Like many well-organised and experienced skippers, Jonas is also clear about how things run on board and has prepared a 28-page boat manual for crew. This contains copies of the boat plans, stowage lists, behaviour on board (mainly the daily and nightly routines), knots used, the operation of sails and rescue equipment, personal equipment on board, and tables of crew contacts, important phone numbers, details of everyone’s flight details, miles sailed on each leg, start times and shore programmes.
Seaside’s example highlights an important point if you are hoping to act as first mate. Be sure that the skipper you are sailing with really does have the experience to match their responsibilities. A good skipper tends to have a tidy boat, and will be more than happy to illustrate their safety preparations and equipment. The boat will be properly maintained, they should be well organised with maintenance and spares, and any financial contribution they ask for ought to be for consumables and not for the maintenance of the boat. They should also be open about your responsibilities.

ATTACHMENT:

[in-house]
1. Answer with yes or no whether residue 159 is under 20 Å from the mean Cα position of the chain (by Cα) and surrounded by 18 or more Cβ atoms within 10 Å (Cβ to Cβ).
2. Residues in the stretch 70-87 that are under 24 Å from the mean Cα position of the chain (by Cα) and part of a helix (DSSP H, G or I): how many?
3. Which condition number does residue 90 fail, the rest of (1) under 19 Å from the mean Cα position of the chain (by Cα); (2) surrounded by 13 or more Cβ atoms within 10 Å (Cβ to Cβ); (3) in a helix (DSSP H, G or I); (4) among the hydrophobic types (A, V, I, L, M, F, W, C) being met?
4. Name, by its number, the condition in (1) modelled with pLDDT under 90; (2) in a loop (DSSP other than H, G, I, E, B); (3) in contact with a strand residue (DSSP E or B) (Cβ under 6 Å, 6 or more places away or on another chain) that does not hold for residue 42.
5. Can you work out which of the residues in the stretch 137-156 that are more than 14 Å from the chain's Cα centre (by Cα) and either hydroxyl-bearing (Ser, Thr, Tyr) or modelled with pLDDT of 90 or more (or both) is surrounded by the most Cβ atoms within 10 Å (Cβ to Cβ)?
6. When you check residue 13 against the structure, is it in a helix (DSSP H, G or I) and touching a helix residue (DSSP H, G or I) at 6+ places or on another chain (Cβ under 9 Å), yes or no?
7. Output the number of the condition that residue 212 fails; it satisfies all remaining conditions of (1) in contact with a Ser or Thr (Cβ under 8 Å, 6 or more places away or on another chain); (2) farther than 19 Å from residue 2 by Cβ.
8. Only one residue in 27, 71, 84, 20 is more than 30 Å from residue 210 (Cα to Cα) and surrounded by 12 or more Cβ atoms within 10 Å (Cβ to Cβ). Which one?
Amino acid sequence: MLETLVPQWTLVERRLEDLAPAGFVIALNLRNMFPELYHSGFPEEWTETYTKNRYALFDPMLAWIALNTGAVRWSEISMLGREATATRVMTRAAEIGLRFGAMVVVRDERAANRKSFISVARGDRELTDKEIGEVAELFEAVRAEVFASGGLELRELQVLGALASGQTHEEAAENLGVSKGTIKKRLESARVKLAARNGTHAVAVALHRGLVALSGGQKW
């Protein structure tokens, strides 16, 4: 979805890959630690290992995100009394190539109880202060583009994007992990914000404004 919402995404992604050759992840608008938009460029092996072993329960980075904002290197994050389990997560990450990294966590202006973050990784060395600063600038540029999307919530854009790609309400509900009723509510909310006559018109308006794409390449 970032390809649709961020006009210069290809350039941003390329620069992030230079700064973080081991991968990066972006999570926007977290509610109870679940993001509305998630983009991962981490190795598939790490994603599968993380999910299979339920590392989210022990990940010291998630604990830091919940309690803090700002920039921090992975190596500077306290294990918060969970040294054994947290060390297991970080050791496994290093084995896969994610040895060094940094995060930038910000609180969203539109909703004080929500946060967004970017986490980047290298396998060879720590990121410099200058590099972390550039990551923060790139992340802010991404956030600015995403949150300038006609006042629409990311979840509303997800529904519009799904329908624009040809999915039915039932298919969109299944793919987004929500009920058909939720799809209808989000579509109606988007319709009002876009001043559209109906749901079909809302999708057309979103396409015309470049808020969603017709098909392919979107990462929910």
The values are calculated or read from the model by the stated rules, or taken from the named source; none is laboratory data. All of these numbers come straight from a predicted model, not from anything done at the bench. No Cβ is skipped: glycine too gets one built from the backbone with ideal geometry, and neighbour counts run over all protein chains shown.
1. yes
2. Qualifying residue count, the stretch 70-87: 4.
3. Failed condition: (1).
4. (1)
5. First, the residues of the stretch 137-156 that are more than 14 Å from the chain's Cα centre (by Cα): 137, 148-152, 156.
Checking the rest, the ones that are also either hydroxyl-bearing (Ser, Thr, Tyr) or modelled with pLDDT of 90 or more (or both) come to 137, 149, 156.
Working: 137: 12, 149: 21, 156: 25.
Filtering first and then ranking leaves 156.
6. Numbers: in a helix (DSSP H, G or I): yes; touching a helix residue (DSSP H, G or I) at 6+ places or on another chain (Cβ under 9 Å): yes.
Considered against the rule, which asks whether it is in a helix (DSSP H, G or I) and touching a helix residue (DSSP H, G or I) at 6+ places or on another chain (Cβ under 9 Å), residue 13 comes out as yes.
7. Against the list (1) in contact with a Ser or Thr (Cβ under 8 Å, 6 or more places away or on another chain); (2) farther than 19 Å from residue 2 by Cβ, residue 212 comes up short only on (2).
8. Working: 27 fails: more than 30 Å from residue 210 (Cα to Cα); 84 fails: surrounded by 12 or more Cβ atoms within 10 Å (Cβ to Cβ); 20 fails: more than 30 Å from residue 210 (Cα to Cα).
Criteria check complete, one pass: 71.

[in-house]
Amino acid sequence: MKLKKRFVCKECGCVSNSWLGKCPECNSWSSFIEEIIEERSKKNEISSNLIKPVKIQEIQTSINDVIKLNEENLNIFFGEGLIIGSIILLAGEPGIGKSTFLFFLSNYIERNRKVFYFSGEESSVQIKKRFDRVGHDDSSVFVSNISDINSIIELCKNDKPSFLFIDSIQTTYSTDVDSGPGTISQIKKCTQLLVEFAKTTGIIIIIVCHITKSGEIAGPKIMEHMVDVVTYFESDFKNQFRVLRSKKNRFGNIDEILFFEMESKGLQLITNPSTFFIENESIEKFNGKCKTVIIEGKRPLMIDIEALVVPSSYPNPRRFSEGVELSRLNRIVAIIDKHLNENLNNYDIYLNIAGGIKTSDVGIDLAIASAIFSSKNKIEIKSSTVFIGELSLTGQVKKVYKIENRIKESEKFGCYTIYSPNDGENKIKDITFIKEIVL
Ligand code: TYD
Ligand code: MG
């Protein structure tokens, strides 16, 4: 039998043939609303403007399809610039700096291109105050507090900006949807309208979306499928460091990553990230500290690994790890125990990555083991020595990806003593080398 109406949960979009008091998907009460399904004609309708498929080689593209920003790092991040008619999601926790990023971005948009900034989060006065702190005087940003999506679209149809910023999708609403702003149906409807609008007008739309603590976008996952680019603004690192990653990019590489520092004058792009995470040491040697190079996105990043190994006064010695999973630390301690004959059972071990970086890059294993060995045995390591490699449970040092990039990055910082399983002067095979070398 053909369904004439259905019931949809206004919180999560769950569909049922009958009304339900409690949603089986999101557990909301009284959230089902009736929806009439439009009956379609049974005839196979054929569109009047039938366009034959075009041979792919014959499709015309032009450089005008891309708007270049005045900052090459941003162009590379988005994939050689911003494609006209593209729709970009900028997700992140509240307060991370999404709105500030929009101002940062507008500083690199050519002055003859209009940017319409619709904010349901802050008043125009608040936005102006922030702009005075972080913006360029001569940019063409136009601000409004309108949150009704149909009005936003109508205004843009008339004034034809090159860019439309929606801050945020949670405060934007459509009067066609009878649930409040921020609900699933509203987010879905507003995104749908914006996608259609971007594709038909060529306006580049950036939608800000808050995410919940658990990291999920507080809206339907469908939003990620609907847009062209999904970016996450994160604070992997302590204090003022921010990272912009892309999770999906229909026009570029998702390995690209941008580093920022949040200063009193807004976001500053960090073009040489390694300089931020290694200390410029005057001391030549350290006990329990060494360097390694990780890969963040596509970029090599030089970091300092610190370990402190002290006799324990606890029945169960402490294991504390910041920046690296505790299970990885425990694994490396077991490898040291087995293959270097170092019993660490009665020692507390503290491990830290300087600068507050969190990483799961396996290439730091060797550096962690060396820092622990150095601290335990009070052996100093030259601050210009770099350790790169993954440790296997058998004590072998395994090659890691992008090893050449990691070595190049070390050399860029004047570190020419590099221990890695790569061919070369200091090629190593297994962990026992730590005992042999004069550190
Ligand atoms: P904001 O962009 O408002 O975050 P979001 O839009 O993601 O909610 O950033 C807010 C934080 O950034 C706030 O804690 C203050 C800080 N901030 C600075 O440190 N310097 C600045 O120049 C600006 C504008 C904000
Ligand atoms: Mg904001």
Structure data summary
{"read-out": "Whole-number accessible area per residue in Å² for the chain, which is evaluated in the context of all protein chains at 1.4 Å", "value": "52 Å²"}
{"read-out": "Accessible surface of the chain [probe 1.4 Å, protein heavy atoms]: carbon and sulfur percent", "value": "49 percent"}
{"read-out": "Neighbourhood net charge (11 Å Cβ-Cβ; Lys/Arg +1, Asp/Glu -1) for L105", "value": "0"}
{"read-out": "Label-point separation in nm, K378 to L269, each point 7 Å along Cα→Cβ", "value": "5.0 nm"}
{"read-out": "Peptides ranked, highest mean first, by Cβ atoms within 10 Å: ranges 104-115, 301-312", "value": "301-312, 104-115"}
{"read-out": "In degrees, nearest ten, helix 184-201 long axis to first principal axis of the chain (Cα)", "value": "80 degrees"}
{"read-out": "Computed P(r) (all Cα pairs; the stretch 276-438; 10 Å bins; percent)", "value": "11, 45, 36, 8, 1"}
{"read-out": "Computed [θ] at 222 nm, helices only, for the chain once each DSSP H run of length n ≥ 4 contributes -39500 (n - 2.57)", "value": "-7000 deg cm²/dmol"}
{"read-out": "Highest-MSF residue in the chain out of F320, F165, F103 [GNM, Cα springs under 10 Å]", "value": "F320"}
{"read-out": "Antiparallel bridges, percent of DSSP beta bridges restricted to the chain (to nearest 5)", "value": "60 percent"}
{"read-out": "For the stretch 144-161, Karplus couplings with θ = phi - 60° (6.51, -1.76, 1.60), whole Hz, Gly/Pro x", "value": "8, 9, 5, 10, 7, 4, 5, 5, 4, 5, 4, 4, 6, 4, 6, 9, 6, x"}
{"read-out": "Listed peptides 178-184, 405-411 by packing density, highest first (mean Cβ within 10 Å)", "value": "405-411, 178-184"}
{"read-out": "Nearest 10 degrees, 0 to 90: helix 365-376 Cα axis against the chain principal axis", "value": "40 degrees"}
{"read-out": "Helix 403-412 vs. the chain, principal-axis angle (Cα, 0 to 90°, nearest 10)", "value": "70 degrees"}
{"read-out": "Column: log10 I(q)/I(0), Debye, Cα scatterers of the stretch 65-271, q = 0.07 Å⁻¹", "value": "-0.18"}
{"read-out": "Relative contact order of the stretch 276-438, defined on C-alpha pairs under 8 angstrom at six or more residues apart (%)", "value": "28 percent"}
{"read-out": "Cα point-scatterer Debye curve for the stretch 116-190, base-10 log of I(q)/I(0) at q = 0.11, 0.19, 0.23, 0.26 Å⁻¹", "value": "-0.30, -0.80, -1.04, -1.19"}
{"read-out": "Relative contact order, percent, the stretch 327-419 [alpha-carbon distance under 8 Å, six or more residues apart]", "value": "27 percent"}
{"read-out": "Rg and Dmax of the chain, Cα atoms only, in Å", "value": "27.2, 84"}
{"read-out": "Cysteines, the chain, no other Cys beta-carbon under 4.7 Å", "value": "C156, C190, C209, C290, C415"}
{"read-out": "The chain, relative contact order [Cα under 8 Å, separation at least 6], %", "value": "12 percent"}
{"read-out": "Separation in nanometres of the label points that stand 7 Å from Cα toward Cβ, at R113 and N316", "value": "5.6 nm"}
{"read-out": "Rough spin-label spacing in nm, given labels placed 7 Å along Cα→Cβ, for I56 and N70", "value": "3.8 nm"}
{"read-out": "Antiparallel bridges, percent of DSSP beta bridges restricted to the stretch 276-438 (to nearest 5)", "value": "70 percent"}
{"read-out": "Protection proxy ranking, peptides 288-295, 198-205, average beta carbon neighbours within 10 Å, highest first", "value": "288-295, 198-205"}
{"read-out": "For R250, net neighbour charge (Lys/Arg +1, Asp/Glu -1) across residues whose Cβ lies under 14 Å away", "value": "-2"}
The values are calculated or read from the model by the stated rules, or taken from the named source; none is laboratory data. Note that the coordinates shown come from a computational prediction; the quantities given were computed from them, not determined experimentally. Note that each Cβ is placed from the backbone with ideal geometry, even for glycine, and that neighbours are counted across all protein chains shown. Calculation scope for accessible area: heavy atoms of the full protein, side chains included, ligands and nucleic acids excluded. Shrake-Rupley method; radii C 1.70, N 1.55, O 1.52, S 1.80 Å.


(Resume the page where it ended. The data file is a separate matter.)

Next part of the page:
Ultimately, though, decisions at sea are the skipper’s to make and they must live with the consequences. You are entitled to make your point, but if you disagree and your view is rejected, you will have to let it go. You are there in a supporting role.
A tribe with two chiefs?
How do you work together if you and your skipper have similar levels of experience, or perhaps you are the more qualified but joining in a supporting role?
This is the situation that Bones and Anna Black are in. Both are professional sailors. They run a Bowman 57, Emily Morgan, as a charter business, though they are shortly selling her to come ashore as cruising consultants and “enablers, to help and coach others on a personalised basis” (yachtemilymorgan.com).